dinochecker
Welcome to our CORYTHOSAURUS entry...
Archived dinosaurs: 787
fbtwitg+feed
Dinosaurs from A to Z
Click a letter to view...
A B C D E F G
H I J K L M N
O P Q R S T U
V W X Y Z ?

CORYTHOSAURUS

a plant-eating lambeosaurinae hadrosaurid dinosaur from the Late Cretaceous of Canada.
corythosaurus.png
Pronunciation: ko-RITH-o-SOR-us
Meaning: Helmet lizard
Author/s: Brown (1914)
Synonyms: See below
First Discovery: Alberta, Canada
Chart Position: 704

Corythosaurus casuarius

Corythosaurus is one of the large duck-billed dinosaurs known as lambeosaurines - the hadrosaurs with headgear, typified by their rather elaborate head decor. To be more specific, Corythosaurus is one of the helmet-crested Corythosaurini and its crest, resembling the helmets worn by the Romans of Corinth, gave rise to this unusual creature's name. But it was more than just a fashion accessory.

Because of exceptional preservation we know that its crest contained two "sacks" that funnelled air from each nostril of an unusually short snout into one central chamber then onward into the respiratory system. Scientists speculate that this chamber acted as a resonator to amplify bellows for communication purposes, and CT scans revealed an inner ear structure capable of detecting and deciphering said calls, and a brain that was large enough to act on the information received.

Smelling, on the other hand, may have been a problem. The olfactory bulb (the part of the brain that deals with scent) was tiny, at least compared to the cerebrum (the part of the brain devoted to higher-level functions). Apparently, Corythosaurus weren't as dumb as you might think and were, in fact, communicating in quite a sophisticated manner. As for smelling? Well, who wants a sensitive nose when your family are powered by fermenting foliage?

In 1916 Charles H. and Levi Sternberg discovered two specimens of Corythosaurus which were loaded onto SS Mount Temple—one of the ships that responded to... or possibly ignored... the Titanic's distress signals on 14 April 1912—bound for Arthur Smith Woodward at the British Museum's Natural History Department, but they never made it. The M.T. was scuttled by SMS Möwe (charading as a harmless cargo ship) and sent to the bottom of the North Atlantic. But the hadrosaurids had the last laugh when Allied aircraft bombed and sank the Möwe while it hid from a storm off the coast of Norway in 1845.
Etymology
Corythosaurus is derived from the Greek koryth (helmet) and sauros (lizard) because Barnum Brown thought its head-crest resembled a Corinthian helmet.
The species epithet, casuarius, is derived from "kesuari" (the Malay word for a Cassowary). Apparently old B.B. couldn't decide if the headcrest was closer to a helmet or the casque of a flightless bird from New Guinea, so he used both.
Discovery
Whilst exploring the Judith River Formation at Steveville, Red Deer River, Alberta, Canada in 1911, Barnum Brown came up trumps with the holotype (AMNH 5240) of Corythosaurus; an almost complete skeleton with clearly visible impressions of scaly skin which more than made up for its missing tail and bits of forelimb. It was initially described by Brown in 1914, the same year as he and Peter Kaisen found a second specimen (AMNH 5338). A more in-depth description of both specimens arrived in 1916.
Synonyms
Corythosaurus excavatus (Gilmore, 1923)
Stephanosaurus intermedius (Parks, 1923)
Tetragonosaurus erectofrons (Parks, 1931): Rejected name. Transferred to Procheneosaurus erectofrons by Lull and Wright in 1942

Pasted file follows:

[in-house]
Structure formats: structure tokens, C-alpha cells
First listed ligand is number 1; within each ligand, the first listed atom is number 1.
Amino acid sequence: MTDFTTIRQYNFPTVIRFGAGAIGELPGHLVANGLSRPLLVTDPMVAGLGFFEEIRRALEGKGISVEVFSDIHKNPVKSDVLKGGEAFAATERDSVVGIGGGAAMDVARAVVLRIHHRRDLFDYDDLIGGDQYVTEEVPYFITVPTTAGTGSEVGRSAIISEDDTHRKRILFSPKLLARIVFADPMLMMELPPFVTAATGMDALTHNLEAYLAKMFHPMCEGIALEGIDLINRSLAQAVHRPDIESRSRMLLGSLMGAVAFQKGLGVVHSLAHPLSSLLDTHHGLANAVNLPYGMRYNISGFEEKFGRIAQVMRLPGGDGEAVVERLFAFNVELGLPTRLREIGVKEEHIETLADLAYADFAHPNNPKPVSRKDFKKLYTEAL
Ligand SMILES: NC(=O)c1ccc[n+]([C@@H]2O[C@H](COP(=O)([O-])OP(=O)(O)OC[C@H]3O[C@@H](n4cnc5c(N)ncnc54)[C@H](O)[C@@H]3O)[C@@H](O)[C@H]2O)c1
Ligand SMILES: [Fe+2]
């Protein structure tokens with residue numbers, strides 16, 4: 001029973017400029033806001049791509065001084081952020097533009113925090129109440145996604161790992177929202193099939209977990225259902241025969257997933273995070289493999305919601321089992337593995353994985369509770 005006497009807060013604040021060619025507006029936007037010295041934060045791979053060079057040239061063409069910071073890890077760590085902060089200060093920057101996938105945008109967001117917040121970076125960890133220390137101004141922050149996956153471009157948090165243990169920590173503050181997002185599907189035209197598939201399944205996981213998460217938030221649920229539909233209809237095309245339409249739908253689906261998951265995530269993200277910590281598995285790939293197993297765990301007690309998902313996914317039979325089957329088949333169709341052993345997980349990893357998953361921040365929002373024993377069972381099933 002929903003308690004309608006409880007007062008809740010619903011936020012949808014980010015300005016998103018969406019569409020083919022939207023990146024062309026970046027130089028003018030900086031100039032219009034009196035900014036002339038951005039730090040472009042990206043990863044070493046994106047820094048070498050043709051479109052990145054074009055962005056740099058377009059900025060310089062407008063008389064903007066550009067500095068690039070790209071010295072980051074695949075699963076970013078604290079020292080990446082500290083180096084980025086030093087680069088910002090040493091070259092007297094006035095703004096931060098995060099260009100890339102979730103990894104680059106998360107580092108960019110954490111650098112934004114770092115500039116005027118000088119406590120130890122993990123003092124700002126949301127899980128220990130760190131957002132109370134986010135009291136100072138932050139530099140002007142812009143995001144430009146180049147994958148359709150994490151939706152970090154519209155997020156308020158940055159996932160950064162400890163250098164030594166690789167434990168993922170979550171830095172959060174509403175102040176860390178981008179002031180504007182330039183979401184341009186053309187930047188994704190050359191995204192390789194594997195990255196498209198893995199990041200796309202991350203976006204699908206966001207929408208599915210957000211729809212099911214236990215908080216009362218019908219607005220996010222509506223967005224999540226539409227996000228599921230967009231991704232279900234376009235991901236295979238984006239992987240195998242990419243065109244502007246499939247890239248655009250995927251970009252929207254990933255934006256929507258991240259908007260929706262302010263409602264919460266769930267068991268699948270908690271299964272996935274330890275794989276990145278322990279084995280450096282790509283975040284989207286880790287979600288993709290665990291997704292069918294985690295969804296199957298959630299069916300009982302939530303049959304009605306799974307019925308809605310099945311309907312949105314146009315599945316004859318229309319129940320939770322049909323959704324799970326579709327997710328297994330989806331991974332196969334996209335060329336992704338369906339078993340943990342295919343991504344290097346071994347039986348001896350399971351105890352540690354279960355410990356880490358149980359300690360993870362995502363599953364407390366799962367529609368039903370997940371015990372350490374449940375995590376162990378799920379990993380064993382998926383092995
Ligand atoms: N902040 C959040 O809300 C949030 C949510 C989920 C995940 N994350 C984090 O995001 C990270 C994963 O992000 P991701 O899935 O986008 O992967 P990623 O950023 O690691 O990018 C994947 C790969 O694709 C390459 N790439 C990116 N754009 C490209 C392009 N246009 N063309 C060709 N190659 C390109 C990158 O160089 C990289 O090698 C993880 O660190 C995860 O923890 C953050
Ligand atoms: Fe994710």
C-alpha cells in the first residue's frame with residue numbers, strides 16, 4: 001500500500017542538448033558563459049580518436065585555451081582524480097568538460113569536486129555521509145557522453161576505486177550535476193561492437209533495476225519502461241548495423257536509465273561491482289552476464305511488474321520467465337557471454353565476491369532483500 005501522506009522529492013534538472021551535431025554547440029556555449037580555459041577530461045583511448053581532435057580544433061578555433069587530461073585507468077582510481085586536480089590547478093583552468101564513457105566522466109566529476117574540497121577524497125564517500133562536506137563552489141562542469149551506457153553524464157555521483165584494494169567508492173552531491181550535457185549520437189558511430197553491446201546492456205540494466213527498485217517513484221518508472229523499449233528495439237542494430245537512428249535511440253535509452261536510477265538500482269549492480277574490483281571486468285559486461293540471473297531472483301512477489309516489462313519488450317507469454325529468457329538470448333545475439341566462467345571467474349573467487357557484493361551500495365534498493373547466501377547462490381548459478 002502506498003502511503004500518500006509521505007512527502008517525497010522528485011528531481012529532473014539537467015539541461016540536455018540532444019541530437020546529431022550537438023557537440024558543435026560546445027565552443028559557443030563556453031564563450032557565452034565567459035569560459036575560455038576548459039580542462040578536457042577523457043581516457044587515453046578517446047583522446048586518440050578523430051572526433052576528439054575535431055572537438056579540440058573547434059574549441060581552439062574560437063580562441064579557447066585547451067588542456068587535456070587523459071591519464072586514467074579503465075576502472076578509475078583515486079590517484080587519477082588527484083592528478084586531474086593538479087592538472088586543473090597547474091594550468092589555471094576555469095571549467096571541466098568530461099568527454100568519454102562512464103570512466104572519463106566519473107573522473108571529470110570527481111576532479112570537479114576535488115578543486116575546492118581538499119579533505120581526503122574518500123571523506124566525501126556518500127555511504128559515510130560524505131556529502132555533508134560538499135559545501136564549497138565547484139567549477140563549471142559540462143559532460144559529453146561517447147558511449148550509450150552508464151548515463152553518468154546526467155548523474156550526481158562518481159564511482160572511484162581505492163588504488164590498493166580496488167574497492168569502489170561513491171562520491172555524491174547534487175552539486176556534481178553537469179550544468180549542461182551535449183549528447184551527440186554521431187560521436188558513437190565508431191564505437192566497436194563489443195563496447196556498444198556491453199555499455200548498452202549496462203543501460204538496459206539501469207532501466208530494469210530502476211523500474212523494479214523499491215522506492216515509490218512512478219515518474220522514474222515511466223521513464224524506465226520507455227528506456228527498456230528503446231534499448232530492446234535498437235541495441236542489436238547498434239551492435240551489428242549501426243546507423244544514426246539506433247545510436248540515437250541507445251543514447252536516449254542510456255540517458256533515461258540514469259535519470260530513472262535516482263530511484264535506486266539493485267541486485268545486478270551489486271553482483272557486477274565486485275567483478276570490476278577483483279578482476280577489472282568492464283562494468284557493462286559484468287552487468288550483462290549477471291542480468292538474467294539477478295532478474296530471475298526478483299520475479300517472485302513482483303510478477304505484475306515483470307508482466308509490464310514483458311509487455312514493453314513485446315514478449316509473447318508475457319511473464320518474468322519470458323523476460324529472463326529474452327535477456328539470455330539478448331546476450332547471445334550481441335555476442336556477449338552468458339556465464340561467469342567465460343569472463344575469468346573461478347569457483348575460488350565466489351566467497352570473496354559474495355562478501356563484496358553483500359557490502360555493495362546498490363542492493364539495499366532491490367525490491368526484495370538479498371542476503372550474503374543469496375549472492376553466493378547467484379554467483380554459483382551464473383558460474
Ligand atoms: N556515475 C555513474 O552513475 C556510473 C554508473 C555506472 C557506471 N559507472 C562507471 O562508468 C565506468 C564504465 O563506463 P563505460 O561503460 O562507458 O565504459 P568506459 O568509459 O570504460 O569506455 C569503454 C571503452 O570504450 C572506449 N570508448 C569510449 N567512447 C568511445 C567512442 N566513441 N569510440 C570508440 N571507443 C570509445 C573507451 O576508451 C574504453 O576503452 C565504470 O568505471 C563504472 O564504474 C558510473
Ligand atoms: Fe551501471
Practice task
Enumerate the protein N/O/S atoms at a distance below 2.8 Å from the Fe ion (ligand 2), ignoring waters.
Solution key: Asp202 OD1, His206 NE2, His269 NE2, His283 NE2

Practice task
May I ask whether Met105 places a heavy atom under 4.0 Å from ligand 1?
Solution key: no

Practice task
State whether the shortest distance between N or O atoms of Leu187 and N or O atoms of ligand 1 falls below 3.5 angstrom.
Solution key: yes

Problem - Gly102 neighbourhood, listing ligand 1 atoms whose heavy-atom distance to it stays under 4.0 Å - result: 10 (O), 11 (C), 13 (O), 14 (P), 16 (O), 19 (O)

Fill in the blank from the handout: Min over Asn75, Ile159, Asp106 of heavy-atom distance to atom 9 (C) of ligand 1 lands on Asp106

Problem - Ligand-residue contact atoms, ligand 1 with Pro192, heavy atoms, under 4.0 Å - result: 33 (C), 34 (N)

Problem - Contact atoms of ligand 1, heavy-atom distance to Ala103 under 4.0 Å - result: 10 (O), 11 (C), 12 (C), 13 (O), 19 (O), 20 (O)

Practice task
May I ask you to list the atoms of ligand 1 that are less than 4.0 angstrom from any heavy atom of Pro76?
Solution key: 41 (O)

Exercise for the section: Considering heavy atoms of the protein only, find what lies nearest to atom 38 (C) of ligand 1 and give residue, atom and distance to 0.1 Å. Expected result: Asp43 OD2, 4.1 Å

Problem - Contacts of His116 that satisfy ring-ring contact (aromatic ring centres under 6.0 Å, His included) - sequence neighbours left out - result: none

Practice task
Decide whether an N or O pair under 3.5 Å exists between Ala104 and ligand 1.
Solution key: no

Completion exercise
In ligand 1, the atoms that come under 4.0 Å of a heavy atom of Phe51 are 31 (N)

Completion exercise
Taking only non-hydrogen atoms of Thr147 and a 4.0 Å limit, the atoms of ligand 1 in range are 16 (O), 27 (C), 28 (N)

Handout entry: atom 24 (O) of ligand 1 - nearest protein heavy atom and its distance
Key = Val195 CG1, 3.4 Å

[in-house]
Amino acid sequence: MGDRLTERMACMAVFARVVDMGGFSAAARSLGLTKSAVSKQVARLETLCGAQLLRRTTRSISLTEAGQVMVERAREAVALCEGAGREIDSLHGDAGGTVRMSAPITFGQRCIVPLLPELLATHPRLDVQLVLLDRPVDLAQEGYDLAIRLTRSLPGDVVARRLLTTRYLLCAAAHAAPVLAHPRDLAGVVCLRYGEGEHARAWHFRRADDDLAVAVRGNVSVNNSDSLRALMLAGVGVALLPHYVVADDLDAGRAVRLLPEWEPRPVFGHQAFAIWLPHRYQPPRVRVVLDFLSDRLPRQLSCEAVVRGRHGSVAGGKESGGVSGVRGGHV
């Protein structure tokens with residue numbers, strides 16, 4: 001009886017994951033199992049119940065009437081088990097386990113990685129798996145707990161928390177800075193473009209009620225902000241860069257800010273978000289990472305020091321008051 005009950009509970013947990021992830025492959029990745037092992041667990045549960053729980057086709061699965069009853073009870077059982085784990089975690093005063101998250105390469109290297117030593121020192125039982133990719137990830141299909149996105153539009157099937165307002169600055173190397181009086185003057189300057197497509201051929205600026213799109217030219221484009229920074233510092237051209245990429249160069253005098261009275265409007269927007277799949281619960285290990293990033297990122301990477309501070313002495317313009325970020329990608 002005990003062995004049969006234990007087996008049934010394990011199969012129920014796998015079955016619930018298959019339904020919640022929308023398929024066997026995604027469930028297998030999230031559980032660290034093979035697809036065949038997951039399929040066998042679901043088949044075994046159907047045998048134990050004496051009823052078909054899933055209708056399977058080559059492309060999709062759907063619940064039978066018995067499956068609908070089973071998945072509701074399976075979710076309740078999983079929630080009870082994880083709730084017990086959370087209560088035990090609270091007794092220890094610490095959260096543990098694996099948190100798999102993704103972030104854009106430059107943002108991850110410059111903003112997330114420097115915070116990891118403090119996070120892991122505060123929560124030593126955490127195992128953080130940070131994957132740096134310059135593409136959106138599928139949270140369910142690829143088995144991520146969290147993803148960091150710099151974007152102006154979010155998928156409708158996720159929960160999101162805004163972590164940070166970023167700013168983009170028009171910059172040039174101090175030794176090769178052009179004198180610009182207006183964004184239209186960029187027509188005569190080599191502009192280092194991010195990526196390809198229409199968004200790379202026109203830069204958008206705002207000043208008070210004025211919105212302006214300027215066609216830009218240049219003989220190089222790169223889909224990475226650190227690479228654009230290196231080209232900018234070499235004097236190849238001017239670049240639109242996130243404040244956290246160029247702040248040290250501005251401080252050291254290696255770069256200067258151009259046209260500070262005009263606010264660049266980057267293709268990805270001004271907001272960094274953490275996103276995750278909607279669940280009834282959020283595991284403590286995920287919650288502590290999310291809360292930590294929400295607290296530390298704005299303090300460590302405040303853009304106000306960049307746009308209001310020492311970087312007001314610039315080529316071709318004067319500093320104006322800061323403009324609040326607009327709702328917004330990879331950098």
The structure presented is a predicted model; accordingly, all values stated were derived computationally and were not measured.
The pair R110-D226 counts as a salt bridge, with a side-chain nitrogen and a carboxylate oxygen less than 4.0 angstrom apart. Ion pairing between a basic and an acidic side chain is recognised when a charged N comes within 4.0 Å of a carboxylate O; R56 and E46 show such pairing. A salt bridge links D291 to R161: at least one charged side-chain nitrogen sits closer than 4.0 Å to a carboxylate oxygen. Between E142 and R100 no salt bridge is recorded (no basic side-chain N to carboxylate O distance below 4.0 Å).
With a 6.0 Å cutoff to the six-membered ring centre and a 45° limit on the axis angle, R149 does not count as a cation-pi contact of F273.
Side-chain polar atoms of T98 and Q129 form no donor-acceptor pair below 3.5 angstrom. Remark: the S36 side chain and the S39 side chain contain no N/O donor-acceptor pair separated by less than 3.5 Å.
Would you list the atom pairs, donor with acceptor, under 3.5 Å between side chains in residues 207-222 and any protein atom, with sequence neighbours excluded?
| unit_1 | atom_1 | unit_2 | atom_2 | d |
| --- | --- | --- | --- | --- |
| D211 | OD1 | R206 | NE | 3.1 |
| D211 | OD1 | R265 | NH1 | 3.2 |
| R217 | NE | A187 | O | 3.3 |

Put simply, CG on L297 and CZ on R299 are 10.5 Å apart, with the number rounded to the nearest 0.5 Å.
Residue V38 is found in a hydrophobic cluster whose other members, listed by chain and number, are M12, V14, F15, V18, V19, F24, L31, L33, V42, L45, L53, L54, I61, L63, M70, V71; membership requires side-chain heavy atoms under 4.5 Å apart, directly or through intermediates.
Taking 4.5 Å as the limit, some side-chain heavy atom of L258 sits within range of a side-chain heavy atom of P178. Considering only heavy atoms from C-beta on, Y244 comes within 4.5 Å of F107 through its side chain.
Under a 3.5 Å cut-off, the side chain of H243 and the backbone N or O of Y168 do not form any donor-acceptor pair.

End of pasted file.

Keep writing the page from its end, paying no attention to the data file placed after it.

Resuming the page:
Corythosaurus bicristatus (Parks, 1935)
Corythosaurus brevicristatus (Parks, 1935)
Corythosaurus frontalis (Parks, 1935)
Estimations
Timeline:
Era: Mesozoic
Epoch: Late Cretaceous
Stage: Campanian
Age range: 80-73 mya
Stats:
Est. max. length: 10 meters
Est. max. hip height: 3.5 meters
Est. max. weight: 4 tons
Diet: Herbivore
Corythosaurus intermedius
Although a handful of other Corythosaurus species were named during the first quarter of the 20th Century, all of them were sunk into the name-bearer in 1975 by Peter Dodson who found their "unique" features to be growth or gender-related. However, Corythosaurus intermedius — named by Parks in 1923 for a skull (ROM 776) found by Levi Sternberg (in 1920) that was initially named Stephanosaurus intermedius by non other than Parks earlier the same year — lived at a slightly later point during the Campanian of the Late Cretaceous, and the fact that the pair are not quite identical prompted Arbour to separate them in 2009.
References
• Brown B. (1914) "Corythosaurus casuarius, a new crested dinosaur from the Belly River Cretaceous ; with Provisional classification of the family Trachodontidae".
• Brown B. (1916) "Corythosaurus casuarius: Skeleton, Musculature and Epidermis".
• Dingus L. and Norell M.A. (2011) "Barnum Brown: The Man Who Discovered T. rex".
• Arbourb V.M, Burns M.E. and Sissons R.L. (2009) "A redescription of the ankylosaurid dinosaur Dyoplosaurus acutosquameus Parks, 1924 (Ornithischia: Ankylosauria) and a revision of the genus".
• W.A. Parks (1923) "New species of crested trachodont dinosaur". Bulletin of the Geological Society of America 34:130 [coins Stephanosaurus intermedius]
• Parks, W.A. (1923) "Corythosaurus intermedius, a new species of trachodont dinosaur". University of Toronto Studies, Geological Series 15: 5–57
Email    Facebook    Twitter    Google+    Stumbleupon    Reddit    Pinterest    Delicious
Time stands still for no man, and research is ongoing. If you spot an error, or want to expand, edit or add a dinosaur, please use this form. Go here to contribute to our FAQ.
All dinos are GM free, and no herbivores were eaten during site construction!
To cite this page:
Atkinson, L. "CORYTHOSAURUS :: from DinoChecker's dinosaur archive".
›. Web access: 29th Mar 2017.
  top